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More parks would serve people of Georgia well

By Dan Pool
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    If you’ve not made summer travel plans, I would like to be able to recommend many of the great Ga. State Parks.
    They always seem to be clean, safe and well-operated. At more than 50 locations around the Peach state, you can find whatever accommodations you desire – from tent camping by a lake to RV hookups to coastal getaways that let you see the other side of Georgia.
    My personal favorite is tent camping anywhere in north Georgia and not just because it’s too hard to back an RV into a camp site. For me and my family, tent camping is real camping.
    There is no better way to disrupt the modern cycle of constant cell-phone, Facebook and endless news feeds than to go sleep outside, hopefully WITHOUT cell service.
    But, to be practical, at most Georgia parks, there are plenty of plug-ins and enough service to stream a movie. And some of the RV’ers manage elaborate displays of lights, big screen televisions and gourmet kitchens.
    Ga. parks offer great chances to have a vacation close by for low cost and with low stress – throw a pair of shorts and flip-flops, maybe hiking boots and a fishing rod in a bag and you’re all set. The parks do charge a reasonable amount, but by the time you pack your own food and have mostly free entertainment with trails and lakes, it’s still a budget-friendly trip -- even for cottages.
    In north Georgia, there are the classic parks like Vogel and Unicoi nearby and a little bit of drive will get you to Cloudland Canyon – where you can try Frisbee golf in addition to exploring some really cool trails.
    As I said in the beginning, I would like to advise you to try the parks, but as  caution, it’s not that simple – by this time in the year, you’d be lucky (though not impossible) to find an open spot at the best sites. Really nearby are Morganton Point on Lake Blue Ridge or Woodring on Carters (which may not technically be state parks but are still operated under some auspices of government) and they stay booked up often – at least the lakeside spots and on weekends.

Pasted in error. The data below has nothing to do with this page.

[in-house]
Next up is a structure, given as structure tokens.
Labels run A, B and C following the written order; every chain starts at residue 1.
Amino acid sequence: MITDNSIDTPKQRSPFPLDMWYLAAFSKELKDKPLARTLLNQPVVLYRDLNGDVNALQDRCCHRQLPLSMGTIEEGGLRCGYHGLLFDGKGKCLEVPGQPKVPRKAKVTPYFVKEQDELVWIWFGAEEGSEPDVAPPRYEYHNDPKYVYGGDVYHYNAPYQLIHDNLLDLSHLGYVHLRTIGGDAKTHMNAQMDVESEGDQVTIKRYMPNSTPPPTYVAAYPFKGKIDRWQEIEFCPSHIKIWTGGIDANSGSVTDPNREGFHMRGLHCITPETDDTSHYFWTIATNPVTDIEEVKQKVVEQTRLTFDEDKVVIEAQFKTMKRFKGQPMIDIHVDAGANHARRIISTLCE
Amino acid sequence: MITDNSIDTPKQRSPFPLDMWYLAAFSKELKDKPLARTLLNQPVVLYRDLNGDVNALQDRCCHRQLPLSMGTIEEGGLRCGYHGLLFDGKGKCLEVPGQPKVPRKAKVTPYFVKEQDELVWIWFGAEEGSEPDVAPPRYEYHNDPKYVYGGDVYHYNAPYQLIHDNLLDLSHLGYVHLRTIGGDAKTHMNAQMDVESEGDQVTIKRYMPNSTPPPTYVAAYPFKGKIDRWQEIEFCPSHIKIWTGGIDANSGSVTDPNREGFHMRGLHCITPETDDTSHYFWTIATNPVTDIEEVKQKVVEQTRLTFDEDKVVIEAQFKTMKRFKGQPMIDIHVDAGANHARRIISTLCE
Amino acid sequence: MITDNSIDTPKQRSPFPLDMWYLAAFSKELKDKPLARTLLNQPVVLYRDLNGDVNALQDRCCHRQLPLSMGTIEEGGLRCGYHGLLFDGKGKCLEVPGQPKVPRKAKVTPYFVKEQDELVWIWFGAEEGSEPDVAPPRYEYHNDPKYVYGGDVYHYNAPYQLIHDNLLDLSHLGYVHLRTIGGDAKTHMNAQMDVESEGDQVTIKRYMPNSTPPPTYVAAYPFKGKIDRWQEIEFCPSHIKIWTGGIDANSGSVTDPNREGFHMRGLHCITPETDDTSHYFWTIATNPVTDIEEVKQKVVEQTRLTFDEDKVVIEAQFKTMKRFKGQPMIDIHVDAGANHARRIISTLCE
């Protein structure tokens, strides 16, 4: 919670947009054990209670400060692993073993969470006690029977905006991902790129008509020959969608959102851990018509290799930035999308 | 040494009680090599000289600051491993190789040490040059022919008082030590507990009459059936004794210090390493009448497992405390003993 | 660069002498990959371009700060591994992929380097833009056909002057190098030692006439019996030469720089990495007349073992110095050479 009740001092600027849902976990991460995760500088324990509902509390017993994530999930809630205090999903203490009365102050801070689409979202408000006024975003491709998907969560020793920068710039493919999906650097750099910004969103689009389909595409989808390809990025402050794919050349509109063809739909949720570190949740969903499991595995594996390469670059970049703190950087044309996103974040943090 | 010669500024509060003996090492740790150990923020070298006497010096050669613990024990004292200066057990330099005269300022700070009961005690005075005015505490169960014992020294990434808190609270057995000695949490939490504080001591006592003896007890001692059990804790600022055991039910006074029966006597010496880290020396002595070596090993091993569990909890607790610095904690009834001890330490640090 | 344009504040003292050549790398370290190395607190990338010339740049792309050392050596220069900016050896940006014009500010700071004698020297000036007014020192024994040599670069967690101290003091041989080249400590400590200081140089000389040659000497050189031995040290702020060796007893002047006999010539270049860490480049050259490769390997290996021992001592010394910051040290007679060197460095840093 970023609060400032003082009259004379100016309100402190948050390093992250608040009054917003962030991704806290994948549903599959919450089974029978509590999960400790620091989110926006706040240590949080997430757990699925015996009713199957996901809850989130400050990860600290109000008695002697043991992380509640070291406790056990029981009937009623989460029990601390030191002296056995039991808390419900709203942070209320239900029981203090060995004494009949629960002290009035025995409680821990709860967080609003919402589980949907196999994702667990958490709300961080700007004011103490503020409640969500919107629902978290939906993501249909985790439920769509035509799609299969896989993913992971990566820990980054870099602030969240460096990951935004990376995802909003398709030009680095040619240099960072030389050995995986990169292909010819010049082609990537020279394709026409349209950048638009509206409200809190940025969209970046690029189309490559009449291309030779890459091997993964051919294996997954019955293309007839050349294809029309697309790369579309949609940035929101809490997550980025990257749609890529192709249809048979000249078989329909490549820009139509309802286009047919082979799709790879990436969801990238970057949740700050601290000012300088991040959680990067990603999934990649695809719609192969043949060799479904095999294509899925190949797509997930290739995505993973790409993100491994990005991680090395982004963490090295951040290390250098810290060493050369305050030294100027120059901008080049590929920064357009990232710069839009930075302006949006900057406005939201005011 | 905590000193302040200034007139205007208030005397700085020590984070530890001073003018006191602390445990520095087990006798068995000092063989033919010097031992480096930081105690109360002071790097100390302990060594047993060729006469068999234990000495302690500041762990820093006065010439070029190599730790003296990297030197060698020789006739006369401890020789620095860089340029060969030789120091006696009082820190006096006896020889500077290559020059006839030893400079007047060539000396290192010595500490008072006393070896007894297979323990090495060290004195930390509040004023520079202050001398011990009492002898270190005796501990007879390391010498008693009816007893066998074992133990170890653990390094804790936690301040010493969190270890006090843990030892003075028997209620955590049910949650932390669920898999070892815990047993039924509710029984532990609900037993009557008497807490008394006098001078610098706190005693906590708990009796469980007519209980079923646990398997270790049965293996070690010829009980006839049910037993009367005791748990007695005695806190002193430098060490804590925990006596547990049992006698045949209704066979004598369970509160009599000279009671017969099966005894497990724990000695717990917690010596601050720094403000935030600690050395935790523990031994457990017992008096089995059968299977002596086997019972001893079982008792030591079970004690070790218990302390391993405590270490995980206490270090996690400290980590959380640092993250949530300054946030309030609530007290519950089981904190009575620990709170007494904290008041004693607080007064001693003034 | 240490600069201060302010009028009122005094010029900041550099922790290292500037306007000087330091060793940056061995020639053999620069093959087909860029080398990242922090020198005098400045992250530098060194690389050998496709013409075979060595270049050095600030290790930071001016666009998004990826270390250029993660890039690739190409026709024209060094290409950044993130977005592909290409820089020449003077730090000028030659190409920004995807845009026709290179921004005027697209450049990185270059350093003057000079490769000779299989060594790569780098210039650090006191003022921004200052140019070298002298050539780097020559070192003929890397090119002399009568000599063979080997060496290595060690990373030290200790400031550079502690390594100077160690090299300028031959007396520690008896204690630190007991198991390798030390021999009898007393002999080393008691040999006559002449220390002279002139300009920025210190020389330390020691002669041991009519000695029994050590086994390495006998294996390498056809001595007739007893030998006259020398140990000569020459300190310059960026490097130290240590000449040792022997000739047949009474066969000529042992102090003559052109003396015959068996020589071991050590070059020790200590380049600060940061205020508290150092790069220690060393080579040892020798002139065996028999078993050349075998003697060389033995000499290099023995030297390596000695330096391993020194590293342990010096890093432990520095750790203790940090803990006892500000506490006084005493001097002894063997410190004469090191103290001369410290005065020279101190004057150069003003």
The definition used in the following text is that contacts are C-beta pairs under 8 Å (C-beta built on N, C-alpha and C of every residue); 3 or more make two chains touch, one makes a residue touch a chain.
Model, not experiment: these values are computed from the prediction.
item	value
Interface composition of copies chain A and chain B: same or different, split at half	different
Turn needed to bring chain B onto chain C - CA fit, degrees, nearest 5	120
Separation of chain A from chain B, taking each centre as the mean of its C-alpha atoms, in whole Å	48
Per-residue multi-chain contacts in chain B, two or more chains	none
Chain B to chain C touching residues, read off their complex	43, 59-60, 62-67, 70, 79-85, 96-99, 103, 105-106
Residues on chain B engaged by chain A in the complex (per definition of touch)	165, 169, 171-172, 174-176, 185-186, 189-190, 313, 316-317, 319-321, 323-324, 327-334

Similarly on the other side of the state, Cumberland Island has phenomenal resources and camping for a more adventurous vacation, but you need to book months in advance there.
    The idea that you could hop into the car with kids on a Friday and drive to a state park and find a spot is not practical, though again not impossible. There are many first come, first serve spots but that is a risky proposition to go to so much loading and driving to find everything full. You better have a backup plan if you go during summer holidays.
    Needless to say, Ga. State Parks, as well as the other recreation areas operated by the federal park services and other agencies, are popular. It’s something government is doing well, but also on a limited basis.
    We encourage our state lawmakers to look at the parks and see that they are operated profitably, but also to expand their offerings. If they can cover costs by renting campsites and offering activities, why not offer more? There is no reason not to expand an area of government that people actually like.
    Conservatives ought to take note that parks should be funded by user fees, not taxes. Those who want to fish, camp, hike and boat pay the cost.
    As a big added advantage to all people if the overnight stays can keep the basic amenities like trails open for free (or with a minimal parking fee), all Georgians benefit by being able to get outside and enjoy the great natural resources of this state.
    And, if you are looking for something to do this summer for a family that is healthy, stress free and affordable see what the parks do offer and is available.